In order to see whether the newly proposed social protection will be able to play the same role as the old ones, we have to better examine what exactly they want to achieve and whether they will be able to go beyond poverty reduction policies.

This exercise is rather deceiving.

While the ILO, the European Commission and the report of the advisory group to the ILO, chaired by Michelle Bachelet, all emphasize that social protection is a human right, they rapidly switch to all the economic advantages that are linked with social protection:

Social protection is seen as a countercyclical stabilizer, it allows to unlock productive capacity, it contributes to labour productivity, it offers a solid foundation for resilient forms of growth and it fosters macro-economic stability. It promotes productive economic activity and entrepreneurship. It encourages labour market participationSocial Protection Floor for a Fair and Inclusive Globalization, Report of the Advisory Group chaired by Michelle Bachelet, Geneva, 2011..

Social protection is an investment in people that empowers them to adjust to changes in the economy and in the labour market, and social security systems are said to help stimulate aggregate demand in times of crisis and beyondILO, Text of the Recommendation concerning national floors of social protection, Provisional Record, 14A, Geneva, 2012..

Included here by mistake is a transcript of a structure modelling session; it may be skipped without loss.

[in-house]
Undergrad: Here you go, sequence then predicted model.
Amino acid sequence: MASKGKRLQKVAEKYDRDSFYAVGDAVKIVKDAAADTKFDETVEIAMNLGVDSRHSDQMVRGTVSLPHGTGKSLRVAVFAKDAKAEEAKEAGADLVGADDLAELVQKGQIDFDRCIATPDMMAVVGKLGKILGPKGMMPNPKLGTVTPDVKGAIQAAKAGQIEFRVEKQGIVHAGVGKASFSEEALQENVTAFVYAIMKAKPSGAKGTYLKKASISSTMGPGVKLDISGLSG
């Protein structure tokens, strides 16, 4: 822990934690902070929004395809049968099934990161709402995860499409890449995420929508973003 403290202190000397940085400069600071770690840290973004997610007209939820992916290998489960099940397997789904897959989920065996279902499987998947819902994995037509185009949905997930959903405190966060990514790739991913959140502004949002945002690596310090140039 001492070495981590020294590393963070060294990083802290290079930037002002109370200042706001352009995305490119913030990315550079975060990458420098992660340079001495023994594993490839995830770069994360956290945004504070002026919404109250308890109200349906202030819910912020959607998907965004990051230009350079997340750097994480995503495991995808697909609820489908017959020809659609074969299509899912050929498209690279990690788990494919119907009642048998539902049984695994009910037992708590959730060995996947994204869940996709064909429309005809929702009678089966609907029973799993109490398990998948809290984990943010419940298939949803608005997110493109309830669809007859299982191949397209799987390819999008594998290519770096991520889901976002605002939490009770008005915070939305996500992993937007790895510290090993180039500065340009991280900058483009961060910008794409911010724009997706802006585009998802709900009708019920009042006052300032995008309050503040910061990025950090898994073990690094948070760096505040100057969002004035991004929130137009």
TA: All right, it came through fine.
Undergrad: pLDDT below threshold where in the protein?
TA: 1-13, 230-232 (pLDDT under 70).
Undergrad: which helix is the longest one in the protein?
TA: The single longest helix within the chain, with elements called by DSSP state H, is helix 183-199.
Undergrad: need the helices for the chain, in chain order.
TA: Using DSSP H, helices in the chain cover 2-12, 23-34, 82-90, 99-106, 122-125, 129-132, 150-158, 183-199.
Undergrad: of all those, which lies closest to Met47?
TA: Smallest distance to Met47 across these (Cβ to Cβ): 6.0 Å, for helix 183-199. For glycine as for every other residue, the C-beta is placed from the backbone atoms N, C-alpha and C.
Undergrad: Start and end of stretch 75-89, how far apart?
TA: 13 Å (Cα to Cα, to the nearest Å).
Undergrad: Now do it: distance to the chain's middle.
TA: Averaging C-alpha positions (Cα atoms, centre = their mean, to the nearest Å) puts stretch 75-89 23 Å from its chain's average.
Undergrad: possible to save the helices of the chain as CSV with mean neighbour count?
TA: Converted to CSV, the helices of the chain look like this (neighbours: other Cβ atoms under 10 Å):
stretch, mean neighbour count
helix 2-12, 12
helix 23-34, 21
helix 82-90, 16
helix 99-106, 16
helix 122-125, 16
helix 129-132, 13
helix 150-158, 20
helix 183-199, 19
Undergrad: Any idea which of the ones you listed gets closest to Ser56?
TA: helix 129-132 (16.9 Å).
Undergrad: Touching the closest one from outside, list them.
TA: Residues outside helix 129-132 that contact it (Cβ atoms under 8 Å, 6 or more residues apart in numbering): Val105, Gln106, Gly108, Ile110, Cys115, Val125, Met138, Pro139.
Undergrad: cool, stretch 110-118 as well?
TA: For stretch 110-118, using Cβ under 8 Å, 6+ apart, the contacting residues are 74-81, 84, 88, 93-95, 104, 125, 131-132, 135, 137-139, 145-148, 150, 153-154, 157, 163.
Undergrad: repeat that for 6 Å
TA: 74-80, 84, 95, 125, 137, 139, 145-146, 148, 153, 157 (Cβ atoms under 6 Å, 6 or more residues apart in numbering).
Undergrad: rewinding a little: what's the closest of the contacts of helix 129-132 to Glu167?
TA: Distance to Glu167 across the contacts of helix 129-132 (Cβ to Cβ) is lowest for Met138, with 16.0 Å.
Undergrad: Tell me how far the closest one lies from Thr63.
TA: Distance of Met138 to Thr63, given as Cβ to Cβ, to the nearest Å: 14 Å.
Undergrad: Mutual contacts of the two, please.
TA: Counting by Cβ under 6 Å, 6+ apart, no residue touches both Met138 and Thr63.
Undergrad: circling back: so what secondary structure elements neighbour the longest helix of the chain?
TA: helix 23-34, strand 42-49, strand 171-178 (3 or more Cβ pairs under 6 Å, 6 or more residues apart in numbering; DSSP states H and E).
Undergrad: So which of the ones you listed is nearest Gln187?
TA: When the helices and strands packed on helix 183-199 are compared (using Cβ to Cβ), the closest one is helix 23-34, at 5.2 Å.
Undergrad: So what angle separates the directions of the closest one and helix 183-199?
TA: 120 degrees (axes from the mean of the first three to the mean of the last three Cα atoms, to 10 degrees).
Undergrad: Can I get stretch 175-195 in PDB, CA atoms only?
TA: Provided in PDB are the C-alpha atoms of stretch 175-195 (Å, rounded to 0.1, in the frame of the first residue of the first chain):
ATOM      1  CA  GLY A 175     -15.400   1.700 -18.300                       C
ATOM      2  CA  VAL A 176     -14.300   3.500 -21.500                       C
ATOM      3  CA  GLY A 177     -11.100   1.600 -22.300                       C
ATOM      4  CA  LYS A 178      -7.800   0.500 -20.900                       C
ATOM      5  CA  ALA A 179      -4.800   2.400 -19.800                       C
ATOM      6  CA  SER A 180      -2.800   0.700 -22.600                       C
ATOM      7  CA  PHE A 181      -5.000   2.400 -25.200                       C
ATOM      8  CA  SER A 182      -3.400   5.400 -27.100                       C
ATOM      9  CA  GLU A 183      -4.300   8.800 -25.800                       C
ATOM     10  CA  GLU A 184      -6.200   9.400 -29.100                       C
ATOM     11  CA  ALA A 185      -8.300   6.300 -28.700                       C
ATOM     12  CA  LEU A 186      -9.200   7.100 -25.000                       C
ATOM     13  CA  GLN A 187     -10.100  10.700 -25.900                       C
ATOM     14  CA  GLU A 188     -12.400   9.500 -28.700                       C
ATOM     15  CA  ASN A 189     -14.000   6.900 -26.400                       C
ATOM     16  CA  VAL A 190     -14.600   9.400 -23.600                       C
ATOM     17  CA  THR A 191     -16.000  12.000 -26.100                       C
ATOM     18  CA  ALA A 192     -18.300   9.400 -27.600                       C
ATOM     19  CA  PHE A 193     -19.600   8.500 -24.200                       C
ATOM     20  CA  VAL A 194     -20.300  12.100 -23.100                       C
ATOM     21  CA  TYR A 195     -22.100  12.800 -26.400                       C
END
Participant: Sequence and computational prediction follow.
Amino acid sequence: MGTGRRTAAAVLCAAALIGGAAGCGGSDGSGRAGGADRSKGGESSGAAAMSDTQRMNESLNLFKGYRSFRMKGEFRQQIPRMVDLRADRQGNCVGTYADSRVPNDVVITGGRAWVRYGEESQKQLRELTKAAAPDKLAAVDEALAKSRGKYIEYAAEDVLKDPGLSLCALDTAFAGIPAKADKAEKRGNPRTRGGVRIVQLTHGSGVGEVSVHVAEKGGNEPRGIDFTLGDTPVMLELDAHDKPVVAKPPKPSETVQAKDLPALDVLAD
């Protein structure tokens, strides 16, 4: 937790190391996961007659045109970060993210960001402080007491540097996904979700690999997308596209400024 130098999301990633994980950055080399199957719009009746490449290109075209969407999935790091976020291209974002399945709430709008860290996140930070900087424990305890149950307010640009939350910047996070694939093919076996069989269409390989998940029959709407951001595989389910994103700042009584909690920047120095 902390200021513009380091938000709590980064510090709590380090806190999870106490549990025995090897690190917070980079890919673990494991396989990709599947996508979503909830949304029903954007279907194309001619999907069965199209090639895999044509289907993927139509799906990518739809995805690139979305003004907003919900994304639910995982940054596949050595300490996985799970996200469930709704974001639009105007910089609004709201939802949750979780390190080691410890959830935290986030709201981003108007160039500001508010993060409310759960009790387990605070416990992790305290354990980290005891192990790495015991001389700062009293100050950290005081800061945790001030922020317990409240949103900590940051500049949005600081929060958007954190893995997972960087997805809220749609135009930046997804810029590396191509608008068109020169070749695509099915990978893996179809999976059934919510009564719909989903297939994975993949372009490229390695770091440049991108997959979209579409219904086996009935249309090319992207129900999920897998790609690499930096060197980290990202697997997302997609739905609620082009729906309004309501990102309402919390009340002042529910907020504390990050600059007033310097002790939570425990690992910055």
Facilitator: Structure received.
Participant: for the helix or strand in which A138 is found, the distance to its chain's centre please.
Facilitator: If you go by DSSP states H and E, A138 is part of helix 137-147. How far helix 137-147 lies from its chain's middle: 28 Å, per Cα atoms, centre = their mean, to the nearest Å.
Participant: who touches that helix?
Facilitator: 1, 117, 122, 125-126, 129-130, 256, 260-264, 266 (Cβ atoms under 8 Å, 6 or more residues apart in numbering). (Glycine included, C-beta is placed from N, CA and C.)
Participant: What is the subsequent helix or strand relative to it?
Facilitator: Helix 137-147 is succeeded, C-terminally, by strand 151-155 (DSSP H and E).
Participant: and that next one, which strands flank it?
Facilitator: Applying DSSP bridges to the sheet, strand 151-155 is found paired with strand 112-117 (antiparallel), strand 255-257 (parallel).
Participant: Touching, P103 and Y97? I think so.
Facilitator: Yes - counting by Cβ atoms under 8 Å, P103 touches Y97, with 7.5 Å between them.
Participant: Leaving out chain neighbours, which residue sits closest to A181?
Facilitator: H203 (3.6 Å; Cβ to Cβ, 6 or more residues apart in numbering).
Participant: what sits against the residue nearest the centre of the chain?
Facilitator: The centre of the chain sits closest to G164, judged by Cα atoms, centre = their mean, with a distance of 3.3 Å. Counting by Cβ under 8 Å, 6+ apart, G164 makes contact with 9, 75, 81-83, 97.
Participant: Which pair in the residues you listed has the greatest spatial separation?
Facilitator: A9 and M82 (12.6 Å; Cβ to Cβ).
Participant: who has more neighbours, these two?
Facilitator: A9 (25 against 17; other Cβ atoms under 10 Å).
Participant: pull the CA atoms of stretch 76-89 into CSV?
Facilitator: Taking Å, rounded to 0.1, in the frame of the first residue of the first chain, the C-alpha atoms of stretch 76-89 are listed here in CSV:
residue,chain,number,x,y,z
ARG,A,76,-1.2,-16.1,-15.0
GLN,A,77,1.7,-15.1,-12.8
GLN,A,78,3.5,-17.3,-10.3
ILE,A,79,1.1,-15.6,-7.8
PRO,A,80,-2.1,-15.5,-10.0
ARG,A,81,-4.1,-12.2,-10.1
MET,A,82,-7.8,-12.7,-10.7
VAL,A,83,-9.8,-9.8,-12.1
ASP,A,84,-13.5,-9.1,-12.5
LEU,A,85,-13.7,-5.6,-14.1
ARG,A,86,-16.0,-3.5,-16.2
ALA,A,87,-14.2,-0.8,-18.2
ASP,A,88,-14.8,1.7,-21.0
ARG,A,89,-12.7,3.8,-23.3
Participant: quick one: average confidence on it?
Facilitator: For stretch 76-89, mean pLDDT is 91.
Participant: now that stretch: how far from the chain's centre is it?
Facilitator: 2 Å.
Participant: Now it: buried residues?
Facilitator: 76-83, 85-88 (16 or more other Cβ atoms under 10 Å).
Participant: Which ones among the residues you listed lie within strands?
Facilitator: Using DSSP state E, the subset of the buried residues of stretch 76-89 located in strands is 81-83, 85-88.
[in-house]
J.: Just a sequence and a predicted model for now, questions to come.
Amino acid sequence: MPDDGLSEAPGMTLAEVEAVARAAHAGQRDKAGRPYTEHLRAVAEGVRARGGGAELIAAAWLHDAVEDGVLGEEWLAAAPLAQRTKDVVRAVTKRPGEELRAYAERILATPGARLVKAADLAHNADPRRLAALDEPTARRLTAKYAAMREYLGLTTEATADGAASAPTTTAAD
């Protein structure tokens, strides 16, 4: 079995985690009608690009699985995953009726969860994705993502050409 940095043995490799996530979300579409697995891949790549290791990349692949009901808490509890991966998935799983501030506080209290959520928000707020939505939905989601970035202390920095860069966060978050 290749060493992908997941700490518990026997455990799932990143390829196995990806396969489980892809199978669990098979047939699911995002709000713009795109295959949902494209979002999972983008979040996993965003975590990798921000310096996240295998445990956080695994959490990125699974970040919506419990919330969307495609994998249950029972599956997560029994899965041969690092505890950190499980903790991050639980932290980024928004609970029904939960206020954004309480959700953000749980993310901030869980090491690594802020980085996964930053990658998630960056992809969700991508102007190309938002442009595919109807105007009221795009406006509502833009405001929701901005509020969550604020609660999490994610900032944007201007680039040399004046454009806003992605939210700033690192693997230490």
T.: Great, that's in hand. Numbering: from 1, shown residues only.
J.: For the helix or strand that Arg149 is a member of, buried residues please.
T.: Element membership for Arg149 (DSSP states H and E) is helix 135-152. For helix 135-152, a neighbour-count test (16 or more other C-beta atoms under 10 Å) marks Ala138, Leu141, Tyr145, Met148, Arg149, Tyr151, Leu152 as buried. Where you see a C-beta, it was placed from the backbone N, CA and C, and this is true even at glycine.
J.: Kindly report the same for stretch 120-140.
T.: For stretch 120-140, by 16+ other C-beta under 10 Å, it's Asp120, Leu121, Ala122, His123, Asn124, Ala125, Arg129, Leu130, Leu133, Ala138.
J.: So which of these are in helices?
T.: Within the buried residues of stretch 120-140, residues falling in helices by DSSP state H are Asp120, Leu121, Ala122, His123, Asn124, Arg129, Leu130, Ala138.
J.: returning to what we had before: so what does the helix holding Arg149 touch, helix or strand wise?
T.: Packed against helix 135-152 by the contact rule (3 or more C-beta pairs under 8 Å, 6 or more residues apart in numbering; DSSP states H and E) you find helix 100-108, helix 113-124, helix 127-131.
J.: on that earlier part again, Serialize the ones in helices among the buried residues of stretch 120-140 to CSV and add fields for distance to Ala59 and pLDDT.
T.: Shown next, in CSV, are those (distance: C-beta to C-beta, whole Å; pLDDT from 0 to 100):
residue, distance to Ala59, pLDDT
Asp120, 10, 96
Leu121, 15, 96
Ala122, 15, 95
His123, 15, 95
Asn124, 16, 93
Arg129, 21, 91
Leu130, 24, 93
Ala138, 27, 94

Social protection can reduce the impact of shocks, can foster market-based solutions and can mitigate risks without producing significant distortion or disincentivesEuropean Commission, Social Protection for Inclusive Development, European Development Report 2010, Brussels, 2011..

As for the World Bank, it now falls back to its proposals of 2000 and social protection as ‘risk management’Holzmann & Jorgensen, Gestion du risque social: cadre théorique de la protection sociale, Document de travail 006 sur la protection sociale, World Bank, 2000.. ‘Risks’ and ‘shocks’ are considered unavoidable, you can only mitigate them or, if they happen, try to cope with them. This is a task for individuals and families, for the market and in the end, also for the state. In fact, it builds on an equation between economic shocks and natural catastrophes, arguing that things ‘just happen’, that they are ‘acts of God’. This is why the World Bank is now promoting ‘resilience’ as protection against these shocks in order to be able to rapidly ‘bounce back’World Bank, Resilience, Equity and Opportunity, Washington, The World Bank, 2012.. Compared to its 2000 approach, it now does add labour to its strategy, which certainly has to be welcomed. It also clearly states that ‘social protection is central to growth promoting reformswhich are thus made politically feasibleWorld Bank, op. cit., p. X..

In short, while most organizations do not forget the human rights dimension of social protection, it is mainly as an economic strategy that it is made, which appears to be perfectly compatible with neo-liberalism.